Infectious disease expert disagrees with Pfizer’s COVID-19 vaccine booster push

Infectious disease expert Dr. Monica Gandhi discusses Pfizer's plans with WTOP's Dimitri Sotis.

Drug manufacturer Pfizer is planning to apply for emergency authorization for a third COVID-19 vaccine in the U.S. However, an infectious disease expert is joining the chorus of health experts and agencies who are saying that a booster is not needed to help fight the delta variant of the coronavirus.

Dr. Monica Gandhi from the University of California, San Francisco, told WTOP that Pfizer’s plans to ask the Food and Drug Administration for authorization to release a third dose ignores what happens when your body responds to a vaccine. While antibodies are produced, different types of cells are also created that work against all variants.

Pfizer’s Dr. Mikael Dolsten told The Associated Press that data collected from Britain and Israel show that their vaccine does “very well” in neutralizing the delta variant, but if the antibodies drop too low, the virus could cause a mild infection before the immune system kicks back in.

Gandhi said antibodies do go down over time but, “If we had every antibody that we’ve ever seen in our life … our blood would be thick as paste.”

“So antibodies are going to go down. That’s OK, that’s natural,” Gandhi said. “That’s normal. But it doesn’t mean the vaccines need another booster.”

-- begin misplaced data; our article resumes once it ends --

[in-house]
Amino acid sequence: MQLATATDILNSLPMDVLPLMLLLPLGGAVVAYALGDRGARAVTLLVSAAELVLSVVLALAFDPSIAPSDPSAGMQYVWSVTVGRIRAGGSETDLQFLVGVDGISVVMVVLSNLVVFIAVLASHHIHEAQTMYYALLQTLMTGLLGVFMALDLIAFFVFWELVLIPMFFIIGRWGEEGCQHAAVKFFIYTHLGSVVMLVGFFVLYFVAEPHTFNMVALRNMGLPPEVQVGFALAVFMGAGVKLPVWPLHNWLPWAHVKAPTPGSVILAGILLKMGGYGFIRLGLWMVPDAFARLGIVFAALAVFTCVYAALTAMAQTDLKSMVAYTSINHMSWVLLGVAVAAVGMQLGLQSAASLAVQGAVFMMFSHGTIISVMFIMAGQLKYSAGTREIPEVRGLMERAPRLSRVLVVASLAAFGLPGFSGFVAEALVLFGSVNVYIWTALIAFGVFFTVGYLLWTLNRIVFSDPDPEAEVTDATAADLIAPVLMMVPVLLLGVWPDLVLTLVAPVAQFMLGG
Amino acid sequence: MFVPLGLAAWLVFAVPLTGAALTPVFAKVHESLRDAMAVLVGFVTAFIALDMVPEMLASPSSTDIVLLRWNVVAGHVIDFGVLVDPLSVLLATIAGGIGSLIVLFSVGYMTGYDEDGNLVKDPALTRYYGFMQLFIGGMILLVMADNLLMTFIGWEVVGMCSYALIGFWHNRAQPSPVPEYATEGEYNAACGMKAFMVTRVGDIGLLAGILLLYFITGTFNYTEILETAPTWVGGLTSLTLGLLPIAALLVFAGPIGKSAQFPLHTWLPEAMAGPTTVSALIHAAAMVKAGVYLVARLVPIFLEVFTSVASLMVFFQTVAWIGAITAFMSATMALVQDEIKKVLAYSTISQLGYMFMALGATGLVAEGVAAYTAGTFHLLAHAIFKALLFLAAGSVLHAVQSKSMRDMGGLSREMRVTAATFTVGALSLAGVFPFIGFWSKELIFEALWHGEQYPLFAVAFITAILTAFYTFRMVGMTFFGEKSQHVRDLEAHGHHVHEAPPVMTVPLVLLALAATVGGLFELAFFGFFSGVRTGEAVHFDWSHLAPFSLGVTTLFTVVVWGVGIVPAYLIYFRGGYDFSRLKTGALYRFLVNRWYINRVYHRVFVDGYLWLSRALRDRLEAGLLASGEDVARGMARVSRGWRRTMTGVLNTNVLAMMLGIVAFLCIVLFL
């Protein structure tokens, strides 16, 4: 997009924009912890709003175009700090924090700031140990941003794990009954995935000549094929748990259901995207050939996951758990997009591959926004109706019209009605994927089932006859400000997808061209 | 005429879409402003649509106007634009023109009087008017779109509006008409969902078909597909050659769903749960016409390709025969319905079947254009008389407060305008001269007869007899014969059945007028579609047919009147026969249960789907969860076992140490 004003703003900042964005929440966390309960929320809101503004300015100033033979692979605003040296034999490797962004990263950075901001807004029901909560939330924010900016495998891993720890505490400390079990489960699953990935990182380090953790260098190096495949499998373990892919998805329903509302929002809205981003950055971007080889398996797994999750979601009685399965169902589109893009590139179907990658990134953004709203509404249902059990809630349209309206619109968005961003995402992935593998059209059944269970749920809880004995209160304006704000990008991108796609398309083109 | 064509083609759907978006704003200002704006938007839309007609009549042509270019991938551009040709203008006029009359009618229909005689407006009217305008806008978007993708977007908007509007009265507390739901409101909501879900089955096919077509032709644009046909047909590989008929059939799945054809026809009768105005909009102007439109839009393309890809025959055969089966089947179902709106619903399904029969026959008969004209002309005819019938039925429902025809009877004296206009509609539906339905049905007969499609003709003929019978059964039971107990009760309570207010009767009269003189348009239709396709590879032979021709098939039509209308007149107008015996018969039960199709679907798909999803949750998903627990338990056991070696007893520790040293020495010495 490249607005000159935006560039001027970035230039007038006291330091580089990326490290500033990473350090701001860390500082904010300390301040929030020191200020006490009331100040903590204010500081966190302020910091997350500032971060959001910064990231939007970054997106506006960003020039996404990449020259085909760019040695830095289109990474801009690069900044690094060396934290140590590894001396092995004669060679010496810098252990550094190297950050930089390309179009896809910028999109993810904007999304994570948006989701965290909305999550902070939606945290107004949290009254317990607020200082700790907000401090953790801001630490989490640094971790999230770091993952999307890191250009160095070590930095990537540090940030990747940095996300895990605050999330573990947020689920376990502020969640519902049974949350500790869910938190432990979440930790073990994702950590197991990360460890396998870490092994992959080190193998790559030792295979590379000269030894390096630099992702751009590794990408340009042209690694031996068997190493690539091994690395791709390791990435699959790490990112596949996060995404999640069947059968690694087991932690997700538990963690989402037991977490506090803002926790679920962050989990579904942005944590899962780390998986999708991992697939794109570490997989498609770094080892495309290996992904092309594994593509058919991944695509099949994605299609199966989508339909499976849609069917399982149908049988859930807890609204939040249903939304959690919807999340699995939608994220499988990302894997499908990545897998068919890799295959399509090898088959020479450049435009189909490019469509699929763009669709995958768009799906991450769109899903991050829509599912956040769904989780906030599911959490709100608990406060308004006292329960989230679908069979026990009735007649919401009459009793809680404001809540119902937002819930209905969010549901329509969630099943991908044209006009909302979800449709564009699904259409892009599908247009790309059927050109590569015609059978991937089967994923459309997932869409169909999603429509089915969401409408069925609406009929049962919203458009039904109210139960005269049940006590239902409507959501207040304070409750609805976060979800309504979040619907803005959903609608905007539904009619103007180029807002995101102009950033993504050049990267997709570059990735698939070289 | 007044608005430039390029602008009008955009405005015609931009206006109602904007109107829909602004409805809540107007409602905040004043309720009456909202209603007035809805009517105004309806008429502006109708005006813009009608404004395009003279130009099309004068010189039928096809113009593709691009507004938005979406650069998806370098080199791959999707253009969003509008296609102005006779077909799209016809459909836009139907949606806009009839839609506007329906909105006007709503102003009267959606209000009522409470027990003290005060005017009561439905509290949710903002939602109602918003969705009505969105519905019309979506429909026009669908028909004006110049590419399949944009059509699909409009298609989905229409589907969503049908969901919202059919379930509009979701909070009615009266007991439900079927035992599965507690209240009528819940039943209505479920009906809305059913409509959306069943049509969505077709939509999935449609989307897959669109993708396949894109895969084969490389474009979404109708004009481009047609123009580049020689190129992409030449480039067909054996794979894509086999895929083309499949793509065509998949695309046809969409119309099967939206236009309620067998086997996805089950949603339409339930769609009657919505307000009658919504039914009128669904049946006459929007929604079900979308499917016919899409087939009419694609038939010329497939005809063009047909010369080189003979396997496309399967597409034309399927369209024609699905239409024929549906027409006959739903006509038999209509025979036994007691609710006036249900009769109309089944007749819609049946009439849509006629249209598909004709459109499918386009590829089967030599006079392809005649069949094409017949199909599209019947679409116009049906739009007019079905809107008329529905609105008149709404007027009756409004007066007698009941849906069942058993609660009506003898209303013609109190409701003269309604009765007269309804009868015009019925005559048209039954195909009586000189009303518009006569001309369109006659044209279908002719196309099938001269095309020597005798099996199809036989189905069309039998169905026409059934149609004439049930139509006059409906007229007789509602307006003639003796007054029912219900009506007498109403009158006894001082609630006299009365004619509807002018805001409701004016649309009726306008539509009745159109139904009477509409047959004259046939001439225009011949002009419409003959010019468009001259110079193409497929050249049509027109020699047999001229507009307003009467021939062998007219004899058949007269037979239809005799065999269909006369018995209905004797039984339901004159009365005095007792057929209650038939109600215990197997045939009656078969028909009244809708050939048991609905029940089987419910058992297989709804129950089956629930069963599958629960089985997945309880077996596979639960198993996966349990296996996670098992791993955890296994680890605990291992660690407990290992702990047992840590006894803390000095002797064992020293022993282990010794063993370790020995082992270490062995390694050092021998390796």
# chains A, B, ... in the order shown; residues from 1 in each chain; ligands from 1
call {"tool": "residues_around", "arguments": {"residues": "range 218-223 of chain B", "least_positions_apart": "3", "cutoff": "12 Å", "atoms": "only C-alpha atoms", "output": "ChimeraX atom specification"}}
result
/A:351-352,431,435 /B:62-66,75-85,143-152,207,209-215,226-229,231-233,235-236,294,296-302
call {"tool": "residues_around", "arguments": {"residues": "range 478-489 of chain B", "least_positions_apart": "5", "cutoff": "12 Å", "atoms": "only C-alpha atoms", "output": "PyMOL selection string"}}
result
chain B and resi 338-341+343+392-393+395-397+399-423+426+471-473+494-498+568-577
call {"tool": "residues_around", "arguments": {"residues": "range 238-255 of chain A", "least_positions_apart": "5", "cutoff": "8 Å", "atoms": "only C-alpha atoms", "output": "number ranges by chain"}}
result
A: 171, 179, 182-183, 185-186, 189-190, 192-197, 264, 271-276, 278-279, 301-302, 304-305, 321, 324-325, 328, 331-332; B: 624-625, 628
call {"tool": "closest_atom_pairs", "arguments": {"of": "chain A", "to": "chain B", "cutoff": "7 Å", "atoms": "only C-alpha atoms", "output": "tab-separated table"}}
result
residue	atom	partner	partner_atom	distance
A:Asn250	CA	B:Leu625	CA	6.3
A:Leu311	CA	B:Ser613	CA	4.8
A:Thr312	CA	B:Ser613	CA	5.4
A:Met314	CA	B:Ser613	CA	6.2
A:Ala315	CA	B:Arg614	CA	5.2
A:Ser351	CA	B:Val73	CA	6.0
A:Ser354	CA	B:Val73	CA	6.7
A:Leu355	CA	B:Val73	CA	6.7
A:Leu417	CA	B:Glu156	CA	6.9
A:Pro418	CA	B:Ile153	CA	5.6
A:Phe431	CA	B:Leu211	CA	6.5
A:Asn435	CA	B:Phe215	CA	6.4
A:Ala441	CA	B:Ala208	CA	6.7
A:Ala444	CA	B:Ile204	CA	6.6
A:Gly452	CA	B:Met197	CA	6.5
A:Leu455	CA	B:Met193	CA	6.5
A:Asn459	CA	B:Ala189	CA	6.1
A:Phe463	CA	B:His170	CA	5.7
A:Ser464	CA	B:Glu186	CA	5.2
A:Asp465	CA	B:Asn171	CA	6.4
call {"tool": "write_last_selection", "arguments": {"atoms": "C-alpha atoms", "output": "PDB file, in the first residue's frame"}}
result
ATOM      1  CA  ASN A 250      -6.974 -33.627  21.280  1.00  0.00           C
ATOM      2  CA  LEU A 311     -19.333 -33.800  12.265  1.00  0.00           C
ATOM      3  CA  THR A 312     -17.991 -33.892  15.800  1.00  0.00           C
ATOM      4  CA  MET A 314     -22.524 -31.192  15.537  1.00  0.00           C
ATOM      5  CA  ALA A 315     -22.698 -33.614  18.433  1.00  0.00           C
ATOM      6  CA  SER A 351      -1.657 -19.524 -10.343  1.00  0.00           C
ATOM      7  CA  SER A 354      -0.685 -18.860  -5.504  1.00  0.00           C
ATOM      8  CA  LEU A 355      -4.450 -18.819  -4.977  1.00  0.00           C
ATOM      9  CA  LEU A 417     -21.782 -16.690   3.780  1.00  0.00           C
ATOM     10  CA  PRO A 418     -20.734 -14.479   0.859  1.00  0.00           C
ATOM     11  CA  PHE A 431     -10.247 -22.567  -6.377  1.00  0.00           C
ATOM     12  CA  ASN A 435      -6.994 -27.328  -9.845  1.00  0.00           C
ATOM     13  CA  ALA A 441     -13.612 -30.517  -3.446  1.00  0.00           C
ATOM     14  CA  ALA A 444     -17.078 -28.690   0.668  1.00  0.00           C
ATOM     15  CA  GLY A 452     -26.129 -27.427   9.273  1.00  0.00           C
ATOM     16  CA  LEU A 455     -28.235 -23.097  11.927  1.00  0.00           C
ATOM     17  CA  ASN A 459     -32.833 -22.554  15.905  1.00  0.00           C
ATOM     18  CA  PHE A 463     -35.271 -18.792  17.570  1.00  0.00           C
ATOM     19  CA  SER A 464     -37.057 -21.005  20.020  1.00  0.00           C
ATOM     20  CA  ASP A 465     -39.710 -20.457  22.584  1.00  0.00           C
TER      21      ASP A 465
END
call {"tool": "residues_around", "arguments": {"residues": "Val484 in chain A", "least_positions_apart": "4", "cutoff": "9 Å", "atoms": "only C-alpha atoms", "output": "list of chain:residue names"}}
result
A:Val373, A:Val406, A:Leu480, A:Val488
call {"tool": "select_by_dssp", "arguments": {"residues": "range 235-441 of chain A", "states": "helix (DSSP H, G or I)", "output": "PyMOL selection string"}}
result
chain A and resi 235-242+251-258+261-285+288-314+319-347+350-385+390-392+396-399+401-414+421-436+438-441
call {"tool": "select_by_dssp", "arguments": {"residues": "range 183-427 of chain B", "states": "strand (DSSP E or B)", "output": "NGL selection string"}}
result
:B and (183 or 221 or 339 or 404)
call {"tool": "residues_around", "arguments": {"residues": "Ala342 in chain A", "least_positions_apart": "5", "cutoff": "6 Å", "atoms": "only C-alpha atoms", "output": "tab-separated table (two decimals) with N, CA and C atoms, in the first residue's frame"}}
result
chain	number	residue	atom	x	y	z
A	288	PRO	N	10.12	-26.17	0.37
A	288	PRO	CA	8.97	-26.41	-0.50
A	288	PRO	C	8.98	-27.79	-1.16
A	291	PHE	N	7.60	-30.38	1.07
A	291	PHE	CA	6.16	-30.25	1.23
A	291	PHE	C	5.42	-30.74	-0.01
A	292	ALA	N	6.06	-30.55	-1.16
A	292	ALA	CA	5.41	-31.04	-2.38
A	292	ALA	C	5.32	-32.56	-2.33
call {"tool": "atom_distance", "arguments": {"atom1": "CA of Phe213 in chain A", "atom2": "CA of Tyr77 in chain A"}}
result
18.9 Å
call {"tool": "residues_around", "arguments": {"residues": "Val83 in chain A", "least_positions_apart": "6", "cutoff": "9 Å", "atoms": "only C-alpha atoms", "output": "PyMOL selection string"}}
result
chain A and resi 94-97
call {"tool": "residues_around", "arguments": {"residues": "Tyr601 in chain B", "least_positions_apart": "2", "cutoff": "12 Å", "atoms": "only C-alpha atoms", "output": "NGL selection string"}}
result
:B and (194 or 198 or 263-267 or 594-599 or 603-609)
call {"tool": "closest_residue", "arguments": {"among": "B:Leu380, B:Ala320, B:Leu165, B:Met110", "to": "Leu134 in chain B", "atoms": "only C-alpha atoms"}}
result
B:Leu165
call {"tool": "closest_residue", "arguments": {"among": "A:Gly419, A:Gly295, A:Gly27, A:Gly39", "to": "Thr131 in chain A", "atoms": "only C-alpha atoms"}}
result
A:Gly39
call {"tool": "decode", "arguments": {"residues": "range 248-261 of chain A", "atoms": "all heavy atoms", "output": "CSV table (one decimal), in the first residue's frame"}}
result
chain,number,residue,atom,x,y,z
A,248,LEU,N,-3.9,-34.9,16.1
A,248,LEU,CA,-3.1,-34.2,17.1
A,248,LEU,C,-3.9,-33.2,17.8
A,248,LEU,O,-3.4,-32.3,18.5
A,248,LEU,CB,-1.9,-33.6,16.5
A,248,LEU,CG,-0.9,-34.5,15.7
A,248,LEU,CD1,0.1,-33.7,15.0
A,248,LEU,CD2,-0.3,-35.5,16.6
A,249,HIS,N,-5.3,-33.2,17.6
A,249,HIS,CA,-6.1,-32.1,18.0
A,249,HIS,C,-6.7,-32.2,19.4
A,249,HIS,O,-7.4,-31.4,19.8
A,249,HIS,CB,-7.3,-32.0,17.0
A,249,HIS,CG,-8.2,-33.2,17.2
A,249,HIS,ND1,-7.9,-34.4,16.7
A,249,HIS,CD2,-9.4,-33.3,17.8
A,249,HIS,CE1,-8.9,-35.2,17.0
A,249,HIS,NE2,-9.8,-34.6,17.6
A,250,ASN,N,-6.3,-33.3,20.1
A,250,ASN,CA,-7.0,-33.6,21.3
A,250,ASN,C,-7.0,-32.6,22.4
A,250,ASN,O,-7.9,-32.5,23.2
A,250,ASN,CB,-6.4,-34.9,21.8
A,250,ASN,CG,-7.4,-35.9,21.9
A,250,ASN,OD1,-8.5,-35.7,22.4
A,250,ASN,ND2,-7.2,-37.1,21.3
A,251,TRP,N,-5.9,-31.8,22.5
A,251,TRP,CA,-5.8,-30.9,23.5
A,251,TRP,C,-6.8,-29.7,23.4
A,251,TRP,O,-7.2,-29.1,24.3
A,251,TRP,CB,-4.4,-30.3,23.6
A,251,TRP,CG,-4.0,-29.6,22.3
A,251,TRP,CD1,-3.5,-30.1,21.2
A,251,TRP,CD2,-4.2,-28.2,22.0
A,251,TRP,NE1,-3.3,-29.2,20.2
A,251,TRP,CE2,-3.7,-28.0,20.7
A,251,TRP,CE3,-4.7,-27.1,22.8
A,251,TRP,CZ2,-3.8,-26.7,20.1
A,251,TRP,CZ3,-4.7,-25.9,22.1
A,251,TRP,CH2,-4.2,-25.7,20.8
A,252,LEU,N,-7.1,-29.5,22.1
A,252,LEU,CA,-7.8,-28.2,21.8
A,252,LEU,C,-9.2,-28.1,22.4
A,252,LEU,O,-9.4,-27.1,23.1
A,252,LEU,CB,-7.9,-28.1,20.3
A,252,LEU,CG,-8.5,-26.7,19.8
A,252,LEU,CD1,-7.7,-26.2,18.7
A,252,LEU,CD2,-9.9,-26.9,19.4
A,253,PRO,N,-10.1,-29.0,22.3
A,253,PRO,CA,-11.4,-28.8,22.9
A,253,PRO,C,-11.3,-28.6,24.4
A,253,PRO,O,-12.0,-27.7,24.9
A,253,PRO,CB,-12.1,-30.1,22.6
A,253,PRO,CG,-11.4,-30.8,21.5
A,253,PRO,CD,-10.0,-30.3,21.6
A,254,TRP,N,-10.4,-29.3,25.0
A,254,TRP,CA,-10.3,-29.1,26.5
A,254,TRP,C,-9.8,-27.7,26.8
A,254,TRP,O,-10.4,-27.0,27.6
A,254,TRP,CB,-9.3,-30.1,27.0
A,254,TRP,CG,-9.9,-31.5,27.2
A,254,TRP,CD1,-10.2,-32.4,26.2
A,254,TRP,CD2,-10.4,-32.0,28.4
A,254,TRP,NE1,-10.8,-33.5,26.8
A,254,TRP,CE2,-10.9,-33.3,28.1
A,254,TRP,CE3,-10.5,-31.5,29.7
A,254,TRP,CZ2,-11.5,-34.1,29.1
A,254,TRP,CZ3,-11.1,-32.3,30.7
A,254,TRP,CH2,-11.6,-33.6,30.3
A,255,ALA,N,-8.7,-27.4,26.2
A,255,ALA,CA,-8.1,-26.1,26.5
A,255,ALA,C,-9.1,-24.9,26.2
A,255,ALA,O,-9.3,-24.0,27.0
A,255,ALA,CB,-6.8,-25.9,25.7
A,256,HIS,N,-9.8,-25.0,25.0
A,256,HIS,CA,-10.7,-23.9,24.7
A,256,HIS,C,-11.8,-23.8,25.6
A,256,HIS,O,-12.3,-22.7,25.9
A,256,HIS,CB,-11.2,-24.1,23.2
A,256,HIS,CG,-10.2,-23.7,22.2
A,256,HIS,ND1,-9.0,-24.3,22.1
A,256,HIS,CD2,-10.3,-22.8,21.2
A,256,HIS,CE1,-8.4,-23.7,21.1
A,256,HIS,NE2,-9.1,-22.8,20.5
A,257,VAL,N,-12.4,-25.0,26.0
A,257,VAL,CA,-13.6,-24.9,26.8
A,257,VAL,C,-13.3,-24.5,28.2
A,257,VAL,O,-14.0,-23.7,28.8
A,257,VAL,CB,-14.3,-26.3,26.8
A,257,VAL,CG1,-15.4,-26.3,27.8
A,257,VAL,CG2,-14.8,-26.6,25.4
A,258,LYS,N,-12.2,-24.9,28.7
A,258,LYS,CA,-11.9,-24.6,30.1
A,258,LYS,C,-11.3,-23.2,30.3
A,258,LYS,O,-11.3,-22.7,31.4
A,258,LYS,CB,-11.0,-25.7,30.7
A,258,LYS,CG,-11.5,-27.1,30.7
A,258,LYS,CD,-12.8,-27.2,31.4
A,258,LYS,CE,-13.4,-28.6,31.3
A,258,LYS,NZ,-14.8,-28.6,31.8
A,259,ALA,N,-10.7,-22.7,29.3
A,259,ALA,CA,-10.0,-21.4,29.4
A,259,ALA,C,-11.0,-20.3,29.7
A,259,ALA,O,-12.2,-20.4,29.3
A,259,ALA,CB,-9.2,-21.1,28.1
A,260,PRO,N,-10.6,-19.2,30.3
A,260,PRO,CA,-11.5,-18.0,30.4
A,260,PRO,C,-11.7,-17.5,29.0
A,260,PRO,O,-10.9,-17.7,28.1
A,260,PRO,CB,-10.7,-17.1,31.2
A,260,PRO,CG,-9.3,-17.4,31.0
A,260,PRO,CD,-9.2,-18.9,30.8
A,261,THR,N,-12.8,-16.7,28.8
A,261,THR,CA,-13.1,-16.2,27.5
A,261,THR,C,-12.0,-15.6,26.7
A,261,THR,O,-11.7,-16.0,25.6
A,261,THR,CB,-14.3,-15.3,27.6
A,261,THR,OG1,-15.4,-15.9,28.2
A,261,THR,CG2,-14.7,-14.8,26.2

The Centers for Disease Control and Prevention and the FDA released a joint statement stating Americans who have been fully vaccinated do not need a booster shot. It also said that while it works with the data given by the drug companies, it “does not rely on those data exclusively,” and any decision on booster shots would happen only when “the science demonstrates that they are needed.”

Gandhi said she is concerned that there is a possible “profit motive” in Pfizer’s push, considering that two published studies from Nature Magazine and the New England Journal earlier this week suggest that two doses of the vaccine is enough to protect those who are vaccinated.

When looking at the recent numbers of those who caught the coronavirus, specifically the delta variant, the majority have been unvaccinated. Gandhi said it is important to find better ways to convince people to get vaccinated while continuing to reach out to those who haven’t had access.

“No, people who are vaccinated are not sick in the hospital with the delta variant,” Gandhi said. “People worldwide are sick because they don’t have the vaccine, so we don’t need another third dose.”

When asked about how protected people who received the Johnson & Johnson vaccine are, Gandhi said the manufacturer has come out with “good data” that shows strong antibodies that fight off the delta variant.

“We are not seeing more breakthrough infections in this country among those who got the Johnson & Johnson with the delta variant,” Gandhi said. “So putting those two together, I think it’s working.”

WTOP’s Dimitri Sotis and The Associated Press contributed to this report. 


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Jose Umana

Jose Umana is a digital writer/editor at WTOP. He joined WTOP in 2020.

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